Saturday, August 3, 2019

Credit risk premia and credit spreads - These are not the same

Specialized investing in credit risk premia is large and growing market but there are some simple definitions that will help with any discussion about rich and cheapness of premia. Most credit investors will analyze current spreads versus historical data and make a determination of whether they are being paid for the credit risk being taken. However, there is more going on if you truly want to get to the true credit risk premium. The real question is whether the risk premium received is enough to offset the risk of default and downgrade. These factors change with business and credit cycle. Spreads should reflect these risks, but there can be divergences between market prices and actual risks.

The true compensation for risk should account for the loss from a default and the loss from a downgrade. The downgrade risk can be measured through looking at transition matrices which track the likelihood of a downgrade over a time period versus the cost of a downgrade as measured by the differences in spreads with different ratings. The risk of a downgrade will change across the business cycle. If there is an expected recession, then there will be a highly probability that there will be a downgrade. Similarly, if there is economic improvement, there will be a greater likelihood of an upgrade in ratings.

A similar analysis can be done for the risk of a default. An investor needs to measure the likelihood of a default as well as the recovery value from a bankruptcy. The difference between the market price and recovery price will determine the size of the loss. Default probabilities will also change with the business and credit cycle. Hence, OAS spreads, as the weighted opinion on these credit issues, will change with the business cycle.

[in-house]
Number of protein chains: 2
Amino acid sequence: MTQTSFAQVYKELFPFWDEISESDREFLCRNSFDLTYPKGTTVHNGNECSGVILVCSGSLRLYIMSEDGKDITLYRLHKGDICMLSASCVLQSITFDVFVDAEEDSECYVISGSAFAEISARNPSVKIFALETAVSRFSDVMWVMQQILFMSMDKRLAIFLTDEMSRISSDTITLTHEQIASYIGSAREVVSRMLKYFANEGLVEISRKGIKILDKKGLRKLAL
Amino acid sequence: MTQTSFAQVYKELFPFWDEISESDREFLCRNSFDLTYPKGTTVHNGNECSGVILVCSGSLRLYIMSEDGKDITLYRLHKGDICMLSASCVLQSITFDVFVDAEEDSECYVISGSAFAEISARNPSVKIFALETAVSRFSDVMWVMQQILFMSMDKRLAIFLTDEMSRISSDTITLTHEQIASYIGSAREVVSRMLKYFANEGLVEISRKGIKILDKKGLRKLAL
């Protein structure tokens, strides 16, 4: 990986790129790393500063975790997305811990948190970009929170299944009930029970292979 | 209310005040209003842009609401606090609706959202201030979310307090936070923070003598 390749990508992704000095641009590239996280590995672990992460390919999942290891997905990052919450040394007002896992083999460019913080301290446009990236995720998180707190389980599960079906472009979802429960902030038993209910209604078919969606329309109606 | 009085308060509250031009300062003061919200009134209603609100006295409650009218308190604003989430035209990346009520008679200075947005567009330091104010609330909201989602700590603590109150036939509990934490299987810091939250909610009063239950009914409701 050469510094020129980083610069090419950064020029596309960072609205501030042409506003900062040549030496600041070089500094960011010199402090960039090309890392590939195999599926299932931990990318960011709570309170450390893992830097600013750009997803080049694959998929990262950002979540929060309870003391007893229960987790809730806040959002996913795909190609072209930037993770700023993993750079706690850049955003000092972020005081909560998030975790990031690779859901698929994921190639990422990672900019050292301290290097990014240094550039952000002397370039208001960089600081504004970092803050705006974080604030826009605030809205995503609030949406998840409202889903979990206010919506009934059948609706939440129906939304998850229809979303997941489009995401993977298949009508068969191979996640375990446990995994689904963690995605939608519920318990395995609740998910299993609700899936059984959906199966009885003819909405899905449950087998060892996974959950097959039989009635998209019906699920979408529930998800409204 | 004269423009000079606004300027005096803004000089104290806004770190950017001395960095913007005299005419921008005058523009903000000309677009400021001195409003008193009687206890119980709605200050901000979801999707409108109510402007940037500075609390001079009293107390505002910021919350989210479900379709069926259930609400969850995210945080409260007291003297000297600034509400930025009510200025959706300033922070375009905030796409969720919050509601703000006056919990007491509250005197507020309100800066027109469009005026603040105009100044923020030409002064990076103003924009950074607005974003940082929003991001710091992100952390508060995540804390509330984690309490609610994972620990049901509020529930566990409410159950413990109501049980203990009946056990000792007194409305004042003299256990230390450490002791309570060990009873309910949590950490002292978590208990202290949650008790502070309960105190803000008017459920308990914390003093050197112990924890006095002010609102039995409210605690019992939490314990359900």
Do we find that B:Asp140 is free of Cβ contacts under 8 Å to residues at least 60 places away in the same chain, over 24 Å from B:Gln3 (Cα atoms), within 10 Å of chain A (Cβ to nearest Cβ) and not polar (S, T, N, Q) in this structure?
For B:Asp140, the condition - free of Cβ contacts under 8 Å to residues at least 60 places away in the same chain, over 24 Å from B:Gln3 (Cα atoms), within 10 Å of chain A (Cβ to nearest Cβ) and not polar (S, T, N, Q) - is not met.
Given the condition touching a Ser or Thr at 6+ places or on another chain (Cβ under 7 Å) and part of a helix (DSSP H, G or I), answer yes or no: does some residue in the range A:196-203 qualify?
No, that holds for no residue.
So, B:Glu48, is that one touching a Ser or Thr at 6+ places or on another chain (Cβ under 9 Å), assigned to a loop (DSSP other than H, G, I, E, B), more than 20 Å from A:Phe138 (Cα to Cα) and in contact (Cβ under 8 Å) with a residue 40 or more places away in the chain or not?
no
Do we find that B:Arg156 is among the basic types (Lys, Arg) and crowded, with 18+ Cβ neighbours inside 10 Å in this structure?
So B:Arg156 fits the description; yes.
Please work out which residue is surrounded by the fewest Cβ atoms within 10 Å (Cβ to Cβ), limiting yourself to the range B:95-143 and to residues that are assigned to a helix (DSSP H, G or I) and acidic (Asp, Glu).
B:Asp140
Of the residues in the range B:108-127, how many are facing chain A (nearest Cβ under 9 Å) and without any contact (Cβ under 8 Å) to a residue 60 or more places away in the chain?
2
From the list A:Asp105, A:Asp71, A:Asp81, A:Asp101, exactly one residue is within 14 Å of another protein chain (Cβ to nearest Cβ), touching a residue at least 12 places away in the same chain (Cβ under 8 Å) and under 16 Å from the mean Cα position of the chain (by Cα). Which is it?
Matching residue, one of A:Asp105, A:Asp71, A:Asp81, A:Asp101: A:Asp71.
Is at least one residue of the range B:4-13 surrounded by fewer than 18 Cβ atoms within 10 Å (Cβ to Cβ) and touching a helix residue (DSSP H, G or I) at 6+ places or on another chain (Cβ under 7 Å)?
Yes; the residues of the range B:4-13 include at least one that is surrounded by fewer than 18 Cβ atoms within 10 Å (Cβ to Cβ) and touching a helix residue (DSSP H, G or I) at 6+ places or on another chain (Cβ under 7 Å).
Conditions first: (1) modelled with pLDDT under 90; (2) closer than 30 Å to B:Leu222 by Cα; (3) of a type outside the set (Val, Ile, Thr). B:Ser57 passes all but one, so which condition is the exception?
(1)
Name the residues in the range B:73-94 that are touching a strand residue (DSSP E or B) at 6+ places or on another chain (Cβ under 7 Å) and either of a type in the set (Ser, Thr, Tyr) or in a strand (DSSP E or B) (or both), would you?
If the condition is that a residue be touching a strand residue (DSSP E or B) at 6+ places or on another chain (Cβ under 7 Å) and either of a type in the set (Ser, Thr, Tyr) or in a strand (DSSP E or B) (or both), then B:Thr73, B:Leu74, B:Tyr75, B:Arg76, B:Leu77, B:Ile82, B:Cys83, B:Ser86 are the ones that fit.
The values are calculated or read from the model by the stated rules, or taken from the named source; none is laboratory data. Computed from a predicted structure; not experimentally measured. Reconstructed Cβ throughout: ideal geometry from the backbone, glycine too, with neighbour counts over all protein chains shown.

Many investors believe that the cost of downgrade and bankruptcy will be incorporated in the OAS spread, but a closer look at the data show that OAS spreads and credit risk premia are not perfectly correlated. As credit risks increase, there will be a corresponding increase in spreads as seen during recessions. This should be expected, but the difference between what is priced in the market and what is the likelihood of these risks being realized may not be the same. Any discussion of credit risk premia has to look at all of these factors to make an effective judgment on whether there is value in this risk premia.

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